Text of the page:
Going green after death

Saskatchewan has adopted a new, greener burial method. Will the ‘ick factor’ keep it from catching on?
Chief Executive officer of Bio-Response Solutions, Inc. Joseph Wilson, of Pittsboro, Ind., holds the remains of a dog after crushing the bone in his hand on Wednesday, July 11, 2012. Wilson’s alkaline hydrolysis disposition machines are slowly gaining a little acceptance in a $13 billion tradition-heavy funeral industry, providing families with an alternative to burial or cremation by incineration. (AP Photo/The Indianapolis Star, Kenneth L. Hawkins Jr.) NO SALES
Joseph H. Wilson

When a loved one dies there are usually two options: burial or cremation. Saskatchewan has added a third to the list that’s been billed as a greener way to dispose of the dead. For those wanting to keep track of their environmental impact into the afterlife, the carbon footprint of the process is 90 per cent less than that of flame cremation. And no chemicals are released into the air.

The procedure, called alkaline hydrolysis, uses a machine to immerse the body in a solution of water and an alkaline chemical—otherwise known as lye. The water is heated and machines add pressure. Over two to 12 hours the body disintegrates, leaving behind two by-products: bone fragments, similar to the ashes from flame cremation, and a sterile liquid solution, which, if the local municipality permits, can be flushed down the drain.

While the Funeral and Cremation Services Council of Saskatchewan has approved alkaline hydrolysis, no one has installed a machine yet, says chairman Todd Lumbard. “People don’t know much about it, so they’re not demanding it,” he says. There’s also the question of the “ick factor,” as one Saskatchewan funeral director told CTV News.

A common criticism is that pouring the liquid remains into a sewer system is disrespectful and could pose a health hazard. But proponents point out the resulting liquid solution is treated and harmless, and can alternatively be used as garden fertilizer. Also, cremation was once illegal and widely considered taboo until the 1970s.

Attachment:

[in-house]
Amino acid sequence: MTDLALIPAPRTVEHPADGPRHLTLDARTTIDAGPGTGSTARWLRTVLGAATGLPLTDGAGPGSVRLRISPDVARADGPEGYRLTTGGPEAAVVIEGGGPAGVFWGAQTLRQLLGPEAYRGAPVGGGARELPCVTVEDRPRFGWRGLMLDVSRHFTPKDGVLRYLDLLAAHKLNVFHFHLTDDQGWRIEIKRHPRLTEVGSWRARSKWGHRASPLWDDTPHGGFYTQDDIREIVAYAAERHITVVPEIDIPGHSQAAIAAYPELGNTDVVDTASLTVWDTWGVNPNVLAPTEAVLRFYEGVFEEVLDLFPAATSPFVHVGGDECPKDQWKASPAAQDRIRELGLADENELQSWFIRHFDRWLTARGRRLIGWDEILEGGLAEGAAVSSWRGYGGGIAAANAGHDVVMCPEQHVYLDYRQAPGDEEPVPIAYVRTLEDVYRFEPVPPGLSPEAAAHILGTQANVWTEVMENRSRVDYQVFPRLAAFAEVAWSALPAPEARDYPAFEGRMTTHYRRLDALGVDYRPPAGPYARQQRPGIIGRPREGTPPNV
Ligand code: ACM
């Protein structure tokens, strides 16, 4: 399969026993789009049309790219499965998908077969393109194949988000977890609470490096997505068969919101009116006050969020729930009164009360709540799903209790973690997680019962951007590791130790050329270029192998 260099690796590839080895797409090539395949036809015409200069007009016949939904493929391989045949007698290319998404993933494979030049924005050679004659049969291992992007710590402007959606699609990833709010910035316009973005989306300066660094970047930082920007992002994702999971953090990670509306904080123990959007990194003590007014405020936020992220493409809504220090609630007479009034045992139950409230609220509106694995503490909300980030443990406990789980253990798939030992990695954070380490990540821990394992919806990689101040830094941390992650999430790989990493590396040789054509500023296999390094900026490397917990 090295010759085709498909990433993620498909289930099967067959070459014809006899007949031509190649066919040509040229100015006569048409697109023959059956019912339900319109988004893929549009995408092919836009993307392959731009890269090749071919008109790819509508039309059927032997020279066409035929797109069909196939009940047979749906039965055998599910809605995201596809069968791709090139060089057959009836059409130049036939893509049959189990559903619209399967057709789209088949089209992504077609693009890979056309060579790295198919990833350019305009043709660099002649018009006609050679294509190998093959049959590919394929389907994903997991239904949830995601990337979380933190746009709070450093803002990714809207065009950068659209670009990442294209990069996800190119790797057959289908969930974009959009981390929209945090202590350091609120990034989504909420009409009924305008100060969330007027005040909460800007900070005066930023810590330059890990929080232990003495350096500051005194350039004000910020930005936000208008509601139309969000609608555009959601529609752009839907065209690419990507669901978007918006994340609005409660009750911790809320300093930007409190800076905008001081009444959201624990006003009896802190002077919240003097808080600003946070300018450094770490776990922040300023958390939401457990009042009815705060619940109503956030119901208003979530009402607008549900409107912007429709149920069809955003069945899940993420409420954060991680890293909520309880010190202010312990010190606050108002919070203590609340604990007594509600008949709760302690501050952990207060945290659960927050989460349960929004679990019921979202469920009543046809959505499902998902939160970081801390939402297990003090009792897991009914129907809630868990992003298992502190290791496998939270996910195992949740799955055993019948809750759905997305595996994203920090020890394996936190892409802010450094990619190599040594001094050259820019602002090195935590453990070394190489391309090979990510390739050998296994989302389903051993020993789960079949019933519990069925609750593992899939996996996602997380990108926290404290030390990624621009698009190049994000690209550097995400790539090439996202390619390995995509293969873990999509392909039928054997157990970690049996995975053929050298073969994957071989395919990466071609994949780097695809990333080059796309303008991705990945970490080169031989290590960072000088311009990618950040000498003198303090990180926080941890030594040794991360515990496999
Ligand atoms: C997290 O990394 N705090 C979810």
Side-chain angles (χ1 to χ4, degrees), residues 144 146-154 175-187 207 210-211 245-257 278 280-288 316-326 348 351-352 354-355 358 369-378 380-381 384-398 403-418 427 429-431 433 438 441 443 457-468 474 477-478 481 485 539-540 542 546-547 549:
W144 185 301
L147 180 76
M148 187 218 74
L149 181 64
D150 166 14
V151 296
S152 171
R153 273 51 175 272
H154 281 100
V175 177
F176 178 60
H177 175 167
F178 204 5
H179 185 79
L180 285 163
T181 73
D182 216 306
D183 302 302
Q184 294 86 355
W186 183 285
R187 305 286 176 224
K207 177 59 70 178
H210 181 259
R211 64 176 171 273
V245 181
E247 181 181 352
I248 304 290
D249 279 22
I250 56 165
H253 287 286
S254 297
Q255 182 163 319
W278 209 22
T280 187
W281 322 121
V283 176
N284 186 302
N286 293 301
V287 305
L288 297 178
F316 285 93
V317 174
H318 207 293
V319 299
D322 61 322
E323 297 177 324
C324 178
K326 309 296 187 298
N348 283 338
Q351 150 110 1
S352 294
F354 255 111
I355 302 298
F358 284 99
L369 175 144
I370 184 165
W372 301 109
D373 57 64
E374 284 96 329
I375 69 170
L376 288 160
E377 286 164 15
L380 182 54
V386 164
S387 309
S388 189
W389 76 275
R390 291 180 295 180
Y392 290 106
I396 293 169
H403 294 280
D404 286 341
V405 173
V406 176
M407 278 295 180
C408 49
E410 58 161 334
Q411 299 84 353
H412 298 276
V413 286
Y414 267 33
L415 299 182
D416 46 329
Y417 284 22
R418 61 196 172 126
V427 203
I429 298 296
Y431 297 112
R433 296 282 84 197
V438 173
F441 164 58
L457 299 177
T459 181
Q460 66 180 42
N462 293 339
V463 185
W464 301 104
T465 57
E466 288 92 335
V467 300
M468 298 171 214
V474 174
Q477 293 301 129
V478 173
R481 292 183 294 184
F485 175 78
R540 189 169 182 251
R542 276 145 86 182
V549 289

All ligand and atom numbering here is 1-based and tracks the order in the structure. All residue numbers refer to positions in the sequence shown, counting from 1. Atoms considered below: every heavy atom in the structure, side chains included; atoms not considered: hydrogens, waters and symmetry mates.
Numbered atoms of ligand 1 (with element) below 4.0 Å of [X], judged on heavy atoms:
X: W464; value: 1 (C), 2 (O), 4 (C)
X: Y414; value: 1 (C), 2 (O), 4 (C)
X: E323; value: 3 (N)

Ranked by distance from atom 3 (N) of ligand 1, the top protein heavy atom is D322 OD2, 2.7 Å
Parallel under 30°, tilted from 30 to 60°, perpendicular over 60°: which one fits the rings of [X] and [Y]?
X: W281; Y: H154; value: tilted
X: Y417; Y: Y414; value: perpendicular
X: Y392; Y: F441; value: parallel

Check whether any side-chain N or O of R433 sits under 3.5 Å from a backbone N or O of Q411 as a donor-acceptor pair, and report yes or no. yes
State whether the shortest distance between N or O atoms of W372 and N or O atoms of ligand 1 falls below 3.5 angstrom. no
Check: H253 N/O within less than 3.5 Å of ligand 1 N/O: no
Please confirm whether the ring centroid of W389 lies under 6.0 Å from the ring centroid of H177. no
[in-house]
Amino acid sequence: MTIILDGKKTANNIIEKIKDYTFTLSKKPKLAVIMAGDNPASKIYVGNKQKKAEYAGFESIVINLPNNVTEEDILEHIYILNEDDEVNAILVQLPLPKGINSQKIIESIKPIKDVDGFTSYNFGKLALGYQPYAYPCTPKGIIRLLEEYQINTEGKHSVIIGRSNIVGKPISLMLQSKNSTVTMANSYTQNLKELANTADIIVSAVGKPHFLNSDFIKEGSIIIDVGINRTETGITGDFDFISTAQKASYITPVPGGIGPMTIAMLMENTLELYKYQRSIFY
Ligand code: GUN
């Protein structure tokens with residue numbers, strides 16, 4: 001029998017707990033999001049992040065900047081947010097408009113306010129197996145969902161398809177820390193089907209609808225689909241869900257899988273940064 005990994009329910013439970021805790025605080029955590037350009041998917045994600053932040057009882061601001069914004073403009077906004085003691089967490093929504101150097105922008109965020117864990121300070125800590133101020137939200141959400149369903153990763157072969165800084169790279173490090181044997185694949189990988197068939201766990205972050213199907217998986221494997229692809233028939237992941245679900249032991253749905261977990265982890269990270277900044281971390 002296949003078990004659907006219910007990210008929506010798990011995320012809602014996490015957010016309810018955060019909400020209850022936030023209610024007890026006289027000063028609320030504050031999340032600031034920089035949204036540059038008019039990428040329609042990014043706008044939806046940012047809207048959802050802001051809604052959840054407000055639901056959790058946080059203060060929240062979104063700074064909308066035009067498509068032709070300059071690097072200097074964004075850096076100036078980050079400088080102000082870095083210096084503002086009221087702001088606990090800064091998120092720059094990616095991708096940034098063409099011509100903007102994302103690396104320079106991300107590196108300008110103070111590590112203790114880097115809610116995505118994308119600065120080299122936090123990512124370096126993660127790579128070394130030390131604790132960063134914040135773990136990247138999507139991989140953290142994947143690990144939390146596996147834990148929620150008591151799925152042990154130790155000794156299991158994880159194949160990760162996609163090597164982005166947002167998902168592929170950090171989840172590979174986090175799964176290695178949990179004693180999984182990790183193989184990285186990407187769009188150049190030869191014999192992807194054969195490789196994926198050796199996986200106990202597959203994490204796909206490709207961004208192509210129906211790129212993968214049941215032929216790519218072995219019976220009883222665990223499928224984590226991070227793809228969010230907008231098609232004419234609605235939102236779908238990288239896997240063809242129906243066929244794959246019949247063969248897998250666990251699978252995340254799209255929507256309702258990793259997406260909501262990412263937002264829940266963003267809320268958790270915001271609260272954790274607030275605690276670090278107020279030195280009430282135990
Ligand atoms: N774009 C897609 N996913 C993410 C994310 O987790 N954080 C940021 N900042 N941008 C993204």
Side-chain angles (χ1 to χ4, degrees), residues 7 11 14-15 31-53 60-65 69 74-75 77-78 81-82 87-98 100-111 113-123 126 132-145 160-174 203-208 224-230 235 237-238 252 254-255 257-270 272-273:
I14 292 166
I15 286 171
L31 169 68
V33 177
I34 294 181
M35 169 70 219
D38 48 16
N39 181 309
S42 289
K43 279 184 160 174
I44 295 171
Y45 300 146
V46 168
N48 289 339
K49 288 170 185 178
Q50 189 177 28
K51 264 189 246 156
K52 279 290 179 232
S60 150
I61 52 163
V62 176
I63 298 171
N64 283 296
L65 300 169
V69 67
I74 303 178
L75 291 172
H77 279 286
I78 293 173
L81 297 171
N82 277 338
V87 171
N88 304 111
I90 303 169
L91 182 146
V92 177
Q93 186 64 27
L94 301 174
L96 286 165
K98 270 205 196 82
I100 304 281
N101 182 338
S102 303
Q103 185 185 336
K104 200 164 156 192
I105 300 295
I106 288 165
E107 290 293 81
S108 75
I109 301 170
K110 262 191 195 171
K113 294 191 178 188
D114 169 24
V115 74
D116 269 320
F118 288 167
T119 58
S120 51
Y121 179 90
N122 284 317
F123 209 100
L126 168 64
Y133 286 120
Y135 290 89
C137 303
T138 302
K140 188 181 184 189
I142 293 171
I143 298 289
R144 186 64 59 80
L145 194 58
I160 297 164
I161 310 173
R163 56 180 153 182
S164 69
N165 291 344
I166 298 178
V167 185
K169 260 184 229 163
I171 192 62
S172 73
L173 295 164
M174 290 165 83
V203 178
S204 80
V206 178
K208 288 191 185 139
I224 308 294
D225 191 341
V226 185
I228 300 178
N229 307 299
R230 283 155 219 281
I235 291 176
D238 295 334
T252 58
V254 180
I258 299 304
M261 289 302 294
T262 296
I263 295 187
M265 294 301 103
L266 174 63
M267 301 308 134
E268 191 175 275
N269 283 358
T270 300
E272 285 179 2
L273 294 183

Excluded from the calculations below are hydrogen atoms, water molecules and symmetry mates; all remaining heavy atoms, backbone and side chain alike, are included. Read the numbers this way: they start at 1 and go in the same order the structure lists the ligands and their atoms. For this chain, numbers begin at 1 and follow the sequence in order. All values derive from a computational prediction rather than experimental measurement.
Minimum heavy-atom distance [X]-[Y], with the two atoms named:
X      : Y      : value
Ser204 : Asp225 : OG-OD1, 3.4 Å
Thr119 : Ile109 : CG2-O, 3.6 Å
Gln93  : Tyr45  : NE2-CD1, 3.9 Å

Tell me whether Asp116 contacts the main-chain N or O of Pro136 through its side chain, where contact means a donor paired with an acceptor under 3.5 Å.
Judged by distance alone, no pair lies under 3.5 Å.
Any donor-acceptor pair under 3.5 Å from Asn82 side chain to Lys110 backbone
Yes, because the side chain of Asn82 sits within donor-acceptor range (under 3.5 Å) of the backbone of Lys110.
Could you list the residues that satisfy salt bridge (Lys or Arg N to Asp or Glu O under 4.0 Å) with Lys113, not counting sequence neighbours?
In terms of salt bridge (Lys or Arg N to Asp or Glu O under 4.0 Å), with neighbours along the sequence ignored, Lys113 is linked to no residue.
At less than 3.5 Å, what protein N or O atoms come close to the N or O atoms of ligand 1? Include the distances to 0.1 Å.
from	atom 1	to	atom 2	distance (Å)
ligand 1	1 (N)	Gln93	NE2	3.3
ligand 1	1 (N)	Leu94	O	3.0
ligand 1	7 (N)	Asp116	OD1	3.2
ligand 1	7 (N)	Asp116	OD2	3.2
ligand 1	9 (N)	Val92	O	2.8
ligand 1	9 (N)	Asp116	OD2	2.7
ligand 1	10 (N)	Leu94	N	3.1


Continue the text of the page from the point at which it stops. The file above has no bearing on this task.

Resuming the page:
While the process hasn’t caught on in Canada, some funeral homes in the United States offer alkaline hydrolysis. Mark Riposta, a funeral director who owns three funeral homes in Maine, installed an alkaline hydrolysis unit in March and plans to add another. While these systems cost three times as much as a flame cremation unit, the cost per use is lower, and Riposta sees the environmental benefits as something that will change the industry over the next decade. “People are afraid of the unknown,” he says. “When they have a chance to actually see that the cremated remains are exactly the same as the cremated remains that come out of flame, only there’s none of the greenhouse gases, or environmental impact, it’s amazing. I’m not a tree hugger, but this is the right way to do this.”

Suzanne Scott, executive director of the Funeral Services Association of Canada, is cautious. Options exist for customers to minimize their environmental footprint, such as caskets made using only organic material, and “green” cemeteries that don’t use grave markers. There is also the problem of getting municipal permits for the new process. “What ends up going down into the sewer, and how is that handled?” asks Scott. “Each individual region has to deal with that.”